Uke Got To Be Kidding

I have gotten a lot of requests for ukulele workshops. I just have to restring my resophonic uke – and that is a hellish process on these Recording King instruments. They seem to be designed by a tone-deaf sadistic psychopathic ass-clown who saved money by leaving out the tailpiece.

I literally have to disassemble the instrument to change the strings!


That said, I do like the way the instrument plays. We have had some wild adventures together. I was clutching this uke when I wandered into an airport runway (it’s a long story). I guess even badly designed instruments have good points.

Seriously, Recording King, a tailpiece is an easily stamped pit of metal. Why cut corners and make an otherwise great instrument as awful as Trump’s hair in a strong wind?

Writing Tools

With two books in the works, I need fortifications. For me, that means tea.

Not that grocery store swill. I mean real tea. Strong stuff. Really good tea.

So, I got enough lapsang souchong to get me through the next couple of months, with additional reserves of Bai Mudan, decent sencha (great sencha can get too pricey for my budget), and a good cherry tisane for evenings, so I don’t stay up all night wired on caffeine.

I wanted to get a good Nepali Darjeeling, but this will have to do for now.

While I agree with George Orwell on how to make a nice pot of tea, every type of tea I ordered needs specific temperatures and brewing times. It’s not hard, but with dyscalculia anything involving numbers or time is complicated for me. So, I got a teapot that heats and steeps automatically for the various types of tea. It looks like Darth Vader’s bidet, but I hear it makes a good pot of tea.

Before you run out to buy some lapsang souchong for yourself, be forewarned that it is distinctly acquired taste: a black tea roasted over pine smoke that produces a taste and smell that my mother equates to a tire fire. Paul the Beatnik had a dirty plastic sack of lapsang souchong in his filthy kitchen that, in addition to the wood smoke taste was also just basted in cigarette smoke. I drank endless cups of the stuff every Wednesday night because it was less grotesque than his coffee pot.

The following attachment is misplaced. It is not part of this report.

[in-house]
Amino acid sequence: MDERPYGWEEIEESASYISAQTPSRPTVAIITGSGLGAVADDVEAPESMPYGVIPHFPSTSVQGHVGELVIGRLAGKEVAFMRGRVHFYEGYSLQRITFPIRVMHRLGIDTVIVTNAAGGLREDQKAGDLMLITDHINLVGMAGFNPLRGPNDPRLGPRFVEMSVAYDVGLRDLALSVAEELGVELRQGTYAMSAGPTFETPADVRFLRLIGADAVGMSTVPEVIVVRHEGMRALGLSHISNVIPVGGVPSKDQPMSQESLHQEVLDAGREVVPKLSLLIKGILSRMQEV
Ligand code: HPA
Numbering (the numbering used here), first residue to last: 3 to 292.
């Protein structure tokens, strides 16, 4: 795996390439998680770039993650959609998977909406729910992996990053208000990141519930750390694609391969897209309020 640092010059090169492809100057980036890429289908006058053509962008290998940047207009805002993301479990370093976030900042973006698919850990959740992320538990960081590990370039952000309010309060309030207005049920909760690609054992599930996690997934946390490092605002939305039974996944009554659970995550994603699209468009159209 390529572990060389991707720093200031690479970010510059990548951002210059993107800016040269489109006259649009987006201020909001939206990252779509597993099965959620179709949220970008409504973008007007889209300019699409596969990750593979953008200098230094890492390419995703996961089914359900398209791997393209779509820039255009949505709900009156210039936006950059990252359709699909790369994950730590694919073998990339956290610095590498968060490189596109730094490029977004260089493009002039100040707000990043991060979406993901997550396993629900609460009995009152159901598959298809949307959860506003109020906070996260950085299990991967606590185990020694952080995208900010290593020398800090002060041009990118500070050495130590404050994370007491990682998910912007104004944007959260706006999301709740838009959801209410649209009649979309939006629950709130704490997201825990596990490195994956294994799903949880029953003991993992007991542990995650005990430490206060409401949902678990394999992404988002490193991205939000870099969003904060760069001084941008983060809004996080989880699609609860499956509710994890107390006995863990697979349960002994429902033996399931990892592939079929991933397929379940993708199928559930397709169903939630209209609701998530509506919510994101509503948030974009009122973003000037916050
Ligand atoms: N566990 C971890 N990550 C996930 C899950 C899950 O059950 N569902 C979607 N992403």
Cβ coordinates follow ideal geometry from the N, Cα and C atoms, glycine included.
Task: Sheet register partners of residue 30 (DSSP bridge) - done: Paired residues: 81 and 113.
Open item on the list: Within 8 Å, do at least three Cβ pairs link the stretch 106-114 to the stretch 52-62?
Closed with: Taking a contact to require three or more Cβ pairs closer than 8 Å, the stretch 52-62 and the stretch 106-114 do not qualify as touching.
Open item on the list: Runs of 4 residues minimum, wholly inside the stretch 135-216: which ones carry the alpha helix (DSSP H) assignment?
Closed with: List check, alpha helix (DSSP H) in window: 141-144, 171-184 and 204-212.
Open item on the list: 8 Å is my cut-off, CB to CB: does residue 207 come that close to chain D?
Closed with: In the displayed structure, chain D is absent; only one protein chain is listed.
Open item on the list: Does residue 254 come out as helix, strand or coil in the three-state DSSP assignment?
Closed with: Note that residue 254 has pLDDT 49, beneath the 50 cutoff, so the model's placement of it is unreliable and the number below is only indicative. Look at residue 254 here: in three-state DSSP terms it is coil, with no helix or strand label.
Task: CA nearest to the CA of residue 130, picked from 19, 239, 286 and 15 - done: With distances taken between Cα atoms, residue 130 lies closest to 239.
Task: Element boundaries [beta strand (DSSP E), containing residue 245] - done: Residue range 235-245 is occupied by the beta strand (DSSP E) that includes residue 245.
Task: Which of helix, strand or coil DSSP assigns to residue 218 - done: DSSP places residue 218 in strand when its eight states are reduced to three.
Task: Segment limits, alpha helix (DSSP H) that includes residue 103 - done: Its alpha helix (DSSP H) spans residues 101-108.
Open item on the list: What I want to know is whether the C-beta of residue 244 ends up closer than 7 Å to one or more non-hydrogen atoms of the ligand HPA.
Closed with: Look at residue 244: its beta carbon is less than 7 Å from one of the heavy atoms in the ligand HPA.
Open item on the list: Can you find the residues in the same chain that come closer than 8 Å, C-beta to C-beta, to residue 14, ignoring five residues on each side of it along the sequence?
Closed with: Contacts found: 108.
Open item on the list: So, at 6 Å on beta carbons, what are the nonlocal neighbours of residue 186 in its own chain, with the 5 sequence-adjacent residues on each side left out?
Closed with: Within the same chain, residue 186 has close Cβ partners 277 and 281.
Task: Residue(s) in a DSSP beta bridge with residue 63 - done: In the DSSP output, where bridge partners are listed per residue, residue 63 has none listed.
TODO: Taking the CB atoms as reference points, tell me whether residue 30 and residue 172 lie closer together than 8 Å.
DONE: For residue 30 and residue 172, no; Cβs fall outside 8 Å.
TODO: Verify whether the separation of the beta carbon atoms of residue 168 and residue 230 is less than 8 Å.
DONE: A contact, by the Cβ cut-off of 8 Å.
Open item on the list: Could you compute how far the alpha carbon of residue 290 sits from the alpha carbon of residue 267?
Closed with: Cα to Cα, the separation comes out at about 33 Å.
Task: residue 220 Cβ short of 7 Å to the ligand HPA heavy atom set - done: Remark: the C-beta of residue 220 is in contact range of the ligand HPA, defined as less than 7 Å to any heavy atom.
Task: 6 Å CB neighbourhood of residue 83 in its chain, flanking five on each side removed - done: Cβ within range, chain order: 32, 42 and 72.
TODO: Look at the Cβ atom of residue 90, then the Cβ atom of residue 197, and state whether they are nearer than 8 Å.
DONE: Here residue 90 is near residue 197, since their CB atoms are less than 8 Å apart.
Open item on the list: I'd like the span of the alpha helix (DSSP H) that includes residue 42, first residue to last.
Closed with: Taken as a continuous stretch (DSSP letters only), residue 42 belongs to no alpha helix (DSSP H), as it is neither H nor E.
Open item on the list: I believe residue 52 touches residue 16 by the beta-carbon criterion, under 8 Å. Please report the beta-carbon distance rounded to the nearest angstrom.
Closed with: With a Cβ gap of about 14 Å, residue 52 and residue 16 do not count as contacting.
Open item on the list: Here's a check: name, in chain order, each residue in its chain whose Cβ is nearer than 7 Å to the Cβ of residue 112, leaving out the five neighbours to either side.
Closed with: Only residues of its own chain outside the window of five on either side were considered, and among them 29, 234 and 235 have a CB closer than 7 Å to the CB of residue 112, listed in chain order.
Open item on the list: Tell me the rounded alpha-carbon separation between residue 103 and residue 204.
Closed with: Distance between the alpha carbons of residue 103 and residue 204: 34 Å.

Seriously, his coffee pot looked like something from Attack of the Mushroom People.

So, if you decide to try lapsang souchong, be aware that it ain’t Tetley! Like theremins and cheesy movies, this stuff ain’t for everybody. I have a collection of angry letters from people who, after reading my praises for this concoction, tried it and were completely grossed out in ways that led them to angrily compose epic beat poetry pieces on the sheer awfulness of the stuff.

I don’t know what they were complaining about. I like it.

Ooooooh! I opened the bag of lapsang souchong and now the room smells like Ron Sawnson. Wood smoke and dark wild places. This tea could make a baby grow a beard and start whittling. The smell from the open bag actually drove the cat out of the room.

Now to organize my writing corner so that the tea supplies are with easy reach.

Before anybody starts writing me, I know Adagio Teas is far from perfect, but they do have some good stuff that is priced in my range. If you want to get deep into high-quality tea, try Yunan Sourcing or other small operations that go to great lengths to source the good stuff.

Silent Running

Over the years I have learned that one of the hallmarks of a teacher who is growing in their chosen discipline is change.

The tricky bit is deciphering if the change is real or just an affectation in a sweaty-palmed attempt at staying relevant.

Recently, I had most of what was left of my lower teeth pulled. It hurt (I’m still sore) and I look like a jack-o’-lantern auditioning for a job singing in The Pouges. Because of this, I knocked out a quick workshop without saying a word.

I was not trying something new or looking for a gimmick. This was not me trying to be cool. I was just doing what I always do: using my intellect, training and experience to adapt to my current reality.